I don’t…have…any…*SOB! Quit making fun of my family for being so disorganized that we can’t maintain physical objects well enough to hold them sacred!

No, seriously. A few weeks back, my mother-in-law was waxing poetic about how each of her children would hang the same hand-embroidered stocking by the fireplace every Christmas since their births, and I had to respond with: “Uh, we always, pretty much, lost ours from year to year, and uh, then we’d spill something on them…”

7.) “Plans for this Christmas…”

Friday – Sunday morn: Mike’s mom in KY.
Sunday afternoon – Monday morn: Mike’s dad in small-town Ohio.
Christmas Eve – Christmas Day: My mom, dad, all hodpodged in there. That’s normally when things get dysfunctional and we start fighting. Traditionally, we follow this with waffles.
The Saturday After: My maternal Grandmother’s.

We like to party until we drop, over here.

8.) “Is Christmas your favorite holiday?”

Halls, no. Until we, as a society, decide to celebrate Christmas by decking ourselves out as ho ho ho’s and binge drinking wassle, it’ll never hold an advent candle to Halloween.

(You like what I did there? huh?)

Monday, Monday. Can't trust that day.

item 1: my coffee tastes of soap
item 2: it is weak
item 3: my id badge necklace was just in my coffee cup. i quickly pulled it out, and in doing so covered myself in coffee

Wednesday, December 12, 2007

Happy Holidays

Mud says:

Mike hates the mall, loathes shopping, despises holiday crowds.

Well, that's not entirely true.

There is a silver lining, one thing that almost makes 1.) shopping at 2.) the mall during 3.) the holidays almost bearable for him. That thing, that blessed thing? It's watching yittle kids have emotional breakdowns because they are petrified of Santa. We stand up on the balcony and snicker. If they sold popcorn, we'd buy it.

And in that vein? Have the greatest thing I've seen on the Internet in a while.

Happy Holidays.

UPDATE: Mysterious Third Sister says: The kid in #46 has a point. Run, kid, RUN!
UPDATE UPDATE: They have removed freaky Santa, or switched the order, so that #46 is normal-ish. #53 is still a little off, though.

Tuesday, December 11, 2007

Since Friday

Robes Says:

since friday----

i have hosted a party for many people who got really drunk
i have lost my phone.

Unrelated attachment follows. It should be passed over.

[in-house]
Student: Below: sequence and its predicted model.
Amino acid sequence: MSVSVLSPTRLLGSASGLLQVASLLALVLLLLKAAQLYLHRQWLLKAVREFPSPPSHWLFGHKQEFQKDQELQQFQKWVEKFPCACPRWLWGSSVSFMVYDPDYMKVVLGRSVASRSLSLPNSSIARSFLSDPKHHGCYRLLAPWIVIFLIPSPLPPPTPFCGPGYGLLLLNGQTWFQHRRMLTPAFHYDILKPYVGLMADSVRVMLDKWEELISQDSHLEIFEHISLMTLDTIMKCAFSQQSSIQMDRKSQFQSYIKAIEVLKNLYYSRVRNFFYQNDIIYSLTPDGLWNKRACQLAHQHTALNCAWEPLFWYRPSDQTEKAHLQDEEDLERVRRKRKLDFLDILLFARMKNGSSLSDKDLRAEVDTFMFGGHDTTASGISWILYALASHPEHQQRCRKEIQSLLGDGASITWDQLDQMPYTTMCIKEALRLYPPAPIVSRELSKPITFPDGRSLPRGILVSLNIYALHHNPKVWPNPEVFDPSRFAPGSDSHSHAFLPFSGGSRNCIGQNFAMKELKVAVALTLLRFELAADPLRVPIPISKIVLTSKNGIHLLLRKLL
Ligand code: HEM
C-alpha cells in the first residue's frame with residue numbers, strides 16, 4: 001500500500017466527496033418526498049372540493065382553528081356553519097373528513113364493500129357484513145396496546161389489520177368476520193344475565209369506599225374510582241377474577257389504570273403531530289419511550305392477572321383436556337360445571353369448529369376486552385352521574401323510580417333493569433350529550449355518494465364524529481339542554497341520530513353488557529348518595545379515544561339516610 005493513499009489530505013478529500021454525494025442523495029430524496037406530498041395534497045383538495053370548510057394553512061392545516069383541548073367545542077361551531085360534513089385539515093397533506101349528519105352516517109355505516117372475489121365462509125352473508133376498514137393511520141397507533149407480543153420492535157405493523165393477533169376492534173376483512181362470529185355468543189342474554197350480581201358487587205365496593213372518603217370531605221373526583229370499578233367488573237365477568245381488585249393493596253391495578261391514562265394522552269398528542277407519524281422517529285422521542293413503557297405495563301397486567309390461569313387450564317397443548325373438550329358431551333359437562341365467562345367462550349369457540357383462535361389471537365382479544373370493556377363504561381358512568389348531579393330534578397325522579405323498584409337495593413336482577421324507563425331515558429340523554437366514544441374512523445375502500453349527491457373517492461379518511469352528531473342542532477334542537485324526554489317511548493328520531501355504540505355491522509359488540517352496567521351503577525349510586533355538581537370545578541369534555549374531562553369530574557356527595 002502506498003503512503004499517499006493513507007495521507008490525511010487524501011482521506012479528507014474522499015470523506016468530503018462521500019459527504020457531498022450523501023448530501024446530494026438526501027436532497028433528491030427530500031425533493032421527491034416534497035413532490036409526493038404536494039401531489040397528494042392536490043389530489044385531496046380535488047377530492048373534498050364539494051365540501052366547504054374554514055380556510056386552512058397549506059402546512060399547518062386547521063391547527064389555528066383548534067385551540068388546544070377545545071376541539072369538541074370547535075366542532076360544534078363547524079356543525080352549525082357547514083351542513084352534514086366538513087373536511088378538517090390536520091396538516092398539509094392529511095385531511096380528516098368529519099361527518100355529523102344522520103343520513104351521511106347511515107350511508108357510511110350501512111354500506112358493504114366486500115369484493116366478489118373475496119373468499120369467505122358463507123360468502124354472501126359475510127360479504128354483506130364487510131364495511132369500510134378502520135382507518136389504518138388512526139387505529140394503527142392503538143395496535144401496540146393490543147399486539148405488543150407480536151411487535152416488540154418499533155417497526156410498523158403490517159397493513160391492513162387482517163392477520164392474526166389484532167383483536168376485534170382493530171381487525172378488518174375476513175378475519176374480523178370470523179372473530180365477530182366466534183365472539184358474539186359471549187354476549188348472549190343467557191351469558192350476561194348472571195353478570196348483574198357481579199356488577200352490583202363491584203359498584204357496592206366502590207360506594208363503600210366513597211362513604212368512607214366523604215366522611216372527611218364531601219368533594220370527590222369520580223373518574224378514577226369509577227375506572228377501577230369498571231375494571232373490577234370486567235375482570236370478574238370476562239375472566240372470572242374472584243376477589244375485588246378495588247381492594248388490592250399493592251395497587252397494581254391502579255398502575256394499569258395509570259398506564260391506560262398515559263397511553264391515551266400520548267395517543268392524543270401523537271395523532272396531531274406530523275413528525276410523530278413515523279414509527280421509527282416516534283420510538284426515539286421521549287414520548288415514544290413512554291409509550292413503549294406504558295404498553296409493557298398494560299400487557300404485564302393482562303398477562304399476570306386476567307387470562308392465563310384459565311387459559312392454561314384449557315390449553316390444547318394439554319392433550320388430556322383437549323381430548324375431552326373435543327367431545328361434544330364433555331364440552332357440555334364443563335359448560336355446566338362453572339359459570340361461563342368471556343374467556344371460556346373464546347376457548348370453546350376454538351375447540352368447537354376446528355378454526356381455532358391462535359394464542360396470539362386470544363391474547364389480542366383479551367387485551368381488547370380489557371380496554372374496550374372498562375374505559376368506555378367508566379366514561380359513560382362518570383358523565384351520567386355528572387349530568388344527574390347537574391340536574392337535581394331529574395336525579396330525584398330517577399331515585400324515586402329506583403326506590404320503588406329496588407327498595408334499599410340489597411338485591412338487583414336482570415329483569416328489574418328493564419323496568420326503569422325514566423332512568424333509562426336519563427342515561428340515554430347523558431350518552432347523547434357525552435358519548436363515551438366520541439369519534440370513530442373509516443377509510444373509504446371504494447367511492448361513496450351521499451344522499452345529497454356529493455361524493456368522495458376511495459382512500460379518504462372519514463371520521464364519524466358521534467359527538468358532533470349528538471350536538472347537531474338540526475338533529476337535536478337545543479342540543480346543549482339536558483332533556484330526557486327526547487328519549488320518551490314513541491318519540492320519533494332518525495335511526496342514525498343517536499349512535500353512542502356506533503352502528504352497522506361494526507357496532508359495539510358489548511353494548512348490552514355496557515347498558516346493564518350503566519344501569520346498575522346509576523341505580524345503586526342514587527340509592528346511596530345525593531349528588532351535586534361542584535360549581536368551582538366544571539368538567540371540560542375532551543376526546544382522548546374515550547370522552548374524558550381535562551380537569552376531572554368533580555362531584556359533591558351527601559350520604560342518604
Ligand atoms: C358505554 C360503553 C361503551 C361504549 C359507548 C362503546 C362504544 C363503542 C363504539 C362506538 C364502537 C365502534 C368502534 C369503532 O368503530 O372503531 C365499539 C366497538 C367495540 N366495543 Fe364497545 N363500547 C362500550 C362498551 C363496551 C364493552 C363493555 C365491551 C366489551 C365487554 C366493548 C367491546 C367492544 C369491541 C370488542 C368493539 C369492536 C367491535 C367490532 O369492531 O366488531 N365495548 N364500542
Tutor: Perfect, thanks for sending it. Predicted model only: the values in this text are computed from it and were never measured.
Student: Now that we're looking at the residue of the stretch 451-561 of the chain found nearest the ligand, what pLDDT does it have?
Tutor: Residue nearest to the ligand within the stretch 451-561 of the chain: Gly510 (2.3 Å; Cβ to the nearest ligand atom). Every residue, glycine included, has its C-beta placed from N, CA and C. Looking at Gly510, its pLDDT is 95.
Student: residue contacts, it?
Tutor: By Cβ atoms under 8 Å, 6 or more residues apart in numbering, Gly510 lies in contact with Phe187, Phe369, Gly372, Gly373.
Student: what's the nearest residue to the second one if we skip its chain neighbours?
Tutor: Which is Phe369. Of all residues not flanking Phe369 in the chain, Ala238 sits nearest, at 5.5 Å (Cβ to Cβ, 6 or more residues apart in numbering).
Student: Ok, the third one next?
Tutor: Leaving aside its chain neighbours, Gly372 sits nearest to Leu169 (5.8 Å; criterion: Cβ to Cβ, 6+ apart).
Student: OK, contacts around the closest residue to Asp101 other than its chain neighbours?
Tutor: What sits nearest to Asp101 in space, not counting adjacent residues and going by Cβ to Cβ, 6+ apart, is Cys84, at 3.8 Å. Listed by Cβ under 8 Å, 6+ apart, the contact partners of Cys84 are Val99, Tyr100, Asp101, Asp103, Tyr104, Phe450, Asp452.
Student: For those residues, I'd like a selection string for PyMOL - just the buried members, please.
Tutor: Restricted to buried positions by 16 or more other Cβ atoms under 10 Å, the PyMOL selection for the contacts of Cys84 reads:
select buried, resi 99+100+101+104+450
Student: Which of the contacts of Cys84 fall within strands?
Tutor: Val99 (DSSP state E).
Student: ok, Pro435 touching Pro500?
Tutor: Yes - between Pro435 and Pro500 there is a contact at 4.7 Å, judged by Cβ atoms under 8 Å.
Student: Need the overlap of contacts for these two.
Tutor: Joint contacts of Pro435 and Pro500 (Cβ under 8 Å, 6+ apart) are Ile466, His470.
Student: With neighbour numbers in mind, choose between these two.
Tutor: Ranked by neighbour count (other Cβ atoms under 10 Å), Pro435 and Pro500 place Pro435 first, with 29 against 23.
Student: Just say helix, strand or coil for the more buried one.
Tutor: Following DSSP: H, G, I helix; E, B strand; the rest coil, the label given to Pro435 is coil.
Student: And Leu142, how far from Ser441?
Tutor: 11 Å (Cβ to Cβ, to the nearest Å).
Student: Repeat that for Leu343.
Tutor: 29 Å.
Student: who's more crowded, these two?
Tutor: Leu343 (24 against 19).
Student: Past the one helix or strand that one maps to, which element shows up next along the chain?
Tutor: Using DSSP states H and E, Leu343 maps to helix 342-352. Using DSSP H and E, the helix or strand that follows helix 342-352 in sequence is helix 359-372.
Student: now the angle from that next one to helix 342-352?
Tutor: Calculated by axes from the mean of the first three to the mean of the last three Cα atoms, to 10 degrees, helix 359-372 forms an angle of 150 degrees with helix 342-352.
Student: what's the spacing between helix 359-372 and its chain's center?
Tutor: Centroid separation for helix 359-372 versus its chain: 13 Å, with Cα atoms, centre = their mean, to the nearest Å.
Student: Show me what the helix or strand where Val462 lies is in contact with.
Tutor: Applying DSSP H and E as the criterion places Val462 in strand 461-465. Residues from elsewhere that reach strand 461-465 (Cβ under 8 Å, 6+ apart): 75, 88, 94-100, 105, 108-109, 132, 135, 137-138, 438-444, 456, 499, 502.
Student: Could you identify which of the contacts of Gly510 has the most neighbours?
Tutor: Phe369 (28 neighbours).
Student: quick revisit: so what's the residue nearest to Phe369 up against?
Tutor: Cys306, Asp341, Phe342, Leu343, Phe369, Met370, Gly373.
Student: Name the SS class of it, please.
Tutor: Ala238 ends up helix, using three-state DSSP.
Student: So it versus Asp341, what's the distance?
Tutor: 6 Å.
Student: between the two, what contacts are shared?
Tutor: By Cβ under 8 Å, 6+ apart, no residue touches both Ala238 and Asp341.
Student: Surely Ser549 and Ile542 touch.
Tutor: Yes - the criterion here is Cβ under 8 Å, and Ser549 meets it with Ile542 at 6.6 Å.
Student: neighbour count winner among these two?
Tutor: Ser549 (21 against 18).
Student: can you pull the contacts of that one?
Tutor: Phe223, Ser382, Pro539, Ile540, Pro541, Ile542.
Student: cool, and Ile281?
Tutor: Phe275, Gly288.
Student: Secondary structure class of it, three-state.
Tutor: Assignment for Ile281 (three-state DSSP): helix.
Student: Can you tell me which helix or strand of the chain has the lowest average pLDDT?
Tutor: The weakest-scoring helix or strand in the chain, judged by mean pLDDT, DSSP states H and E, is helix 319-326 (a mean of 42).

i have found my phone stashed in a pile of jeans.
i have moved my new roommate in.
i have bought a snow shovel for my walk.
i have purchased jeans that look good on my ass.
i have been to the gynocologist for an unnerving procedure.
i have been pushed into a bush covered in snow and screamed.
i have cleaned twenty shot glasses.
i have been to a kroger that has my bank and a state liquor agency in it.
i have noticed the dirty banana peels in my car.
i have vacuumed my basement.
i have washed my shower curtain.
i have scheduled a plumber for saturday for a leak in the basement.
i have come to terms with the fact that my father is coming to visit my sister on saturday and that i'm obligated.
i have been coughy.
i have gotten my eyebrows waxed.
i have chewed my fingernails.
i have brushed my teeth.
i have drunk gay danced until the bar shut down.
i have woken up with a sore throat that won't allow me to swallow.
i have come into work in jeans on a monday.
i have thought about cutting my hair.
i have been glad that my hair is long.
i have organized my new room.
i have discovered that the wireless network in my house is named mr. cat.
i have called and put my roommate on my housing insurance.
i have gotten two new employees at work.
i have paid my bills.
i have taken tylenol pm to go to sleep.
i have read 133 pages of the Giver.
i have made several pots of coffee.
i have talked to my mother about my crotch.
i have stood in the rain.
i have stood in the snow.
i have cried at a movie about loving a dog (from www.dooce.com).

completely uncontrollably.
i have taken the recycling.
i have been, i suppose, alive.


Friday, December 07, 2007

Our Mother is A Herder

Robes Says:

I am currently an urban liver, but my upbringing, while unconventional in its ways, was classically suburban in its surroundings. If I've become slightly more urban in the last ten years, my mother has taken the opposite route. As her children (5, 2 still living at home) move out into the world, she has filled her emptying nest with chickens, bees, dogs, and most recently Angus cows. Unlike her relationships with her children, when these things piss her off she gets to kill them (except dogs, obviously). For her, this position of extreme and ultimate power is fundamentally fulfilling. She is truly now a farmer, and lives on a farm, in the midst of Nowhere.